Today, Congresswoman Maxine Waters (D-CA), Chairwoman of the House Financial Services Committee, delivered the following opening statement at a full Committee hearing entitled, “Holding Wells Fargo Accountable: Examining the Role of the Board of Directors in the Bank’s Egregious Pattern of Consumer Abuses.”
As Prepared for Delivery
Today, we receive testimony from Elizabeth Duke and James Quigley, who until earlier this week served as chair of the board of directors of Wells Fargo & Company and Wells Fargo Bank, respectively. Both resigned after I called for their resignations following the release of a scathing Majority staff report on Wells Fargo’s compliance failures and their individual failures as board chairs.
But their resignations do not absolve them of their failures. Directors at Wells Fargo and institutions across this country must understand that they are the last line of defense when it comes to protecting their companies’ shareholders, employees, and customers. And while Ms. Duke and Mr. Quigley said they resigned to “avoid distraction,” let me be clear that this is not a distraction—we are examining misconduct and dereliction of duty.
Over the past decade, Wells Fargo’s board, management, and regulators have all failed to fix the company’s internal control weaknesses that caused enormous harm for millions of consumers throughout the country.
The Majority staff’s report examined Wells Fargo’s compliance with five consent orders that required the company’s board and management to clean up the systemic weaknesses that led to widespread consumer abuses and compliance breakdowns. As board members, Ms. Duke and Mr. Quigley were responsible for ensuring that Wells Fargo’s CEO and other management executed an effective program to manage those risks. However, the Majority staff report found that Wells Fargo’s board:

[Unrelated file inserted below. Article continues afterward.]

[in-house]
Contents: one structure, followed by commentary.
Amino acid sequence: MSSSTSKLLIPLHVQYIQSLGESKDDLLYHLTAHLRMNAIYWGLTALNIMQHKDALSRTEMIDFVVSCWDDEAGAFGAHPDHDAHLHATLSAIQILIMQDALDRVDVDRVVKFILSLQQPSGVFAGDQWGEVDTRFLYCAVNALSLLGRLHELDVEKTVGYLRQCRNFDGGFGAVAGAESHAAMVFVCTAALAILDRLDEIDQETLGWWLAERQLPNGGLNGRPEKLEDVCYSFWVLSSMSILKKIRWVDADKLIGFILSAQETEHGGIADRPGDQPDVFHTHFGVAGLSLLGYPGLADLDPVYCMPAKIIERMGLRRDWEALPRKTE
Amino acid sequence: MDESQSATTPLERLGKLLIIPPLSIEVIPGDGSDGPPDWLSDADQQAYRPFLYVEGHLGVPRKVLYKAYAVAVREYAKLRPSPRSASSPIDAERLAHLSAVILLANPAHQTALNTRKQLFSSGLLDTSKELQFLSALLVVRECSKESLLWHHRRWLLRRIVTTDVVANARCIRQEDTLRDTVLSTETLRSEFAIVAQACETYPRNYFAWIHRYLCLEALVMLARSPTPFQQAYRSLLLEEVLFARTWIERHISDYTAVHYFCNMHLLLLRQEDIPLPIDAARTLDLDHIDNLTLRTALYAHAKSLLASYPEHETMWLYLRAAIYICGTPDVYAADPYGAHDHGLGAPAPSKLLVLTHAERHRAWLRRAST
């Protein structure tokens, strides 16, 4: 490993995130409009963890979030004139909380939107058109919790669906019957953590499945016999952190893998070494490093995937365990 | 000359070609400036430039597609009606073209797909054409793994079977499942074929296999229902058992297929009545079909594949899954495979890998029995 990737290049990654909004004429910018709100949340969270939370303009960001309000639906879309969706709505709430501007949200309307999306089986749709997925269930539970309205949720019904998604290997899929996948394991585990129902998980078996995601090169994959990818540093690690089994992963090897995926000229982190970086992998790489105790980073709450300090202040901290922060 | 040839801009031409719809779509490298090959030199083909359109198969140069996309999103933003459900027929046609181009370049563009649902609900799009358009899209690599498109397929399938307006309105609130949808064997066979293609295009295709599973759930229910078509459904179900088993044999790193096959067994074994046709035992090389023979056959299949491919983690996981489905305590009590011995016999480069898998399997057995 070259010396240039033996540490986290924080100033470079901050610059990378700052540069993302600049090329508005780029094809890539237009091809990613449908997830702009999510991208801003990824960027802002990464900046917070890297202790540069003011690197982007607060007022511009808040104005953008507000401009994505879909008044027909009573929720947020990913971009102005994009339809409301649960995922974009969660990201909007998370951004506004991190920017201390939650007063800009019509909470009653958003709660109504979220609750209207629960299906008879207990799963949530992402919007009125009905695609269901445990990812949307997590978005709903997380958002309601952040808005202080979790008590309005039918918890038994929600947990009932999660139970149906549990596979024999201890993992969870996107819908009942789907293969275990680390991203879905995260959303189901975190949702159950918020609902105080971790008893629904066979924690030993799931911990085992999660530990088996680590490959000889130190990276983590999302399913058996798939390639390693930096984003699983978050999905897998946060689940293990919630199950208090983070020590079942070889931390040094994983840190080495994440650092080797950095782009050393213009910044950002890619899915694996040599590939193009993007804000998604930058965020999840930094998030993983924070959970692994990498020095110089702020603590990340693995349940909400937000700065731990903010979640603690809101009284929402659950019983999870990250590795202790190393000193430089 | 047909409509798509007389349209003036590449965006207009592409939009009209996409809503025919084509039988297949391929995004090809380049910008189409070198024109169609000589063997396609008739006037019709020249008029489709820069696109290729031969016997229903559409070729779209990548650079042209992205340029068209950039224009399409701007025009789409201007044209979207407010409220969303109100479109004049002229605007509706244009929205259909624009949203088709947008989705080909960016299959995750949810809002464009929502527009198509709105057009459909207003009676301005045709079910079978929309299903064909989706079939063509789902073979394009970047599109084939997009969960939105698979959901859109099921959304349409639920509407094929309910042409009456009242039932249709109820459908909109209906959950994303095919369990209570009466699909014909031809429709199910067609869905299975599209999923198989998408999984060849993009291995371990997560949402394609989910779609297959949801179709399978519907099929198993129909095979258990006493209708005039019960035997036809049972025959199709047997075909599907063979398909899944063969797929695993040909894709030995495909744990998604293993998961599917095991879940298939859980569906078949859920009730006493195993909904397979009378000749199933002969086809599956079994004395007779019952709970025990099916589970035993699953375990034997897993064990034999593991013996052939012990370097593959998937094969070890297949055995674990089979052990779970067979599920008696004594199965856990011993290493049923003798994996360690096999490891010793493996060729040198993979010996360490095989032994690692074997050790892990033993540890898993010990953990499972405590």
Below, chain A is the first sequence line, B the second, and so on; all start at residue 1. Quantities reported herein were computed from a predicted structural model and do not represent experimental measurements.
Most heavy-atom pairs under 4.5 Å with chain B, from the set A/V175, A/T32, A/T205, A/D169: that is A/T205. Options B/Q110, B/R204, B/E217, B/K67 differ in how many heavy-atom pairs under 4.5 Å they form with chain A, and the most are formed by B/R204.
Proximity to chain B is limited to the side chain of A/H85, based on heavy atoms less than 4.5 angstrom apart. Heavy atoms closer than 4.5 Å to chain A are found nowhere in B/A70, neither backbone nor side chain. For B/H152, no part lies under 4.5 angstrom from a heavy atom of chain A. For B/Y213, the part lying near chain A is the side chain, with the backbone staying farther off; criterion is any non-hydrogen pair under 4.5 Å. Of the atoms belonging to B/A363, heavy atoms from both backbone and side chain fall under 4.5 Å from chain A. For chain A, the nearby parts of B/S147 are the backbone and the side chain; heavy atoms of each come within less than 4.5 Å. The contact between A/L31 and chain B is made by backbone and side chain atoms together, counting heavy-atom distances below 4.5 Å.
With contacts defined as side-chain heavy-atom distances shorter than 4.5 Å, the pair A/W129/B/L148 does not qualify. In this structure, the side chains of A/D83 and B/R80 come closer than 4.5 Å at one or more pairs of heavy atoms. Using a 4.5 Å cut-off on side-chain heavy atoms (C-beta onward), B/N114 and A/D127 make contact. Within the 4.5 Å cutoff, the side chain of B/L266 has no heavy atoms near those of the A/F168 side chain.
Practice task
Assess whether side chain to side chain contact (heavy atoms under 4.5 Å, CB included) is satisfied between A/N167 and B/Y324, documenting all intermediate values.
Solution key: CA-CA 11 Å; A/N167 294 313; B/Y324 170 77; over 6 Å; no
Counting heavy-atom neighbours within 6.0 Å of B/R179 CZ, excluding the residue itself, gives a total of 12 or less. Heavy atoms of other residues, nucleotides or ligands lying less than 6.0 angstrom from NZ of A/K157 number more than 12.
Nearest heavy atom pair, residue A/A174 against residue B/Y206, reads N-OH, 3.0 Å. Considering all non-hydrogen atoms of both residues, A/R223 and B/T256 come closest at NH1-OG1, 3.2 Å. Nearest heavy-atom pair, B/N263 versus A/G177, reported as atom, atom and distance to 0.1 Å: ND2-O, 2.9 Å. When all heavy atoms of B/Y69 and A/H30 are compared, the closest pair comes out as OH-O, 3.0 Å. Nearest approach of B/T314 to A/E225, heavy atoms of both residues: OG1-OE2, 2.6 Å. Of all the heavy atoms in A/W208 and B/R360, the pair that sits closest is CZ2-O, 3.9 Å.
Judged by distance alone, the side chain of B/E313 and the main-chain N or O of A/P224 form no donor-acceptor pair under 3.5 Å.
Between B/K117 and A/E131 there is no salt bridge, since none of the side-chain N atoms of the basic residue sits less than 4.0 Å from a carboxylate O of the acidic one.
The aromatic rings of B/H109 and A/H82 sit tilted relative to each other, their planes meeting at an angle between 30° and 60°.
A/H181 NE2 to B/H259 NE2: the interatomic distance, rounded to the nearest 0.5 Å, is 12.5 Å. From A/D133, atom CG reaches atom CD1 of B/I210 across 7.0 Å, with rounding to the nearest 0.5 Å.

- Failed to ensure management could competently address the risk management deficiencies;
- Allowed management to repeatedly submit materially deficient plans to address consumer abuses;
- Prioritized financial considerations over fixing consumer abuses; and,
- Did not hold senior management accountable for repeated failures.
The Majority staff report also revealed attitudes and failures on the part of Ms. Duke and Mr. Quigley that are dismaying.
When the Consumer Financial Protection Bureau included Ms. Duke on letters requesting actions from the bank, she responded asking, “Why are you sending it to me, the board, rather than the department manager?” This was surprising to CFPB officials, and gives the appearance of a see-no-evil mentality from Ms. Duke, and an unwillingness to exercise oversight required of her as a member of the board.
Mr. Quigley also did not appear to understand the gravity of his board responsibilities. When the Office of the Comptroller of the Currency wanted to schedule a meeting with the bank’s directors to discuss “progress and accountability,” Mr. Quigley told other bank officials that he was, “currently scheduled to be in the Galapagos Islands on these dates,” and commented that “the sense of urgency is surprising…”
These statements were made after several public enforcement actions against Wells Fargo for massive consumer abuse scandals.
While Ms. Duke and Mr. Quigley have resigned, they must be held accountable for the dereliction of their duties as members of Wells Fargo’s board.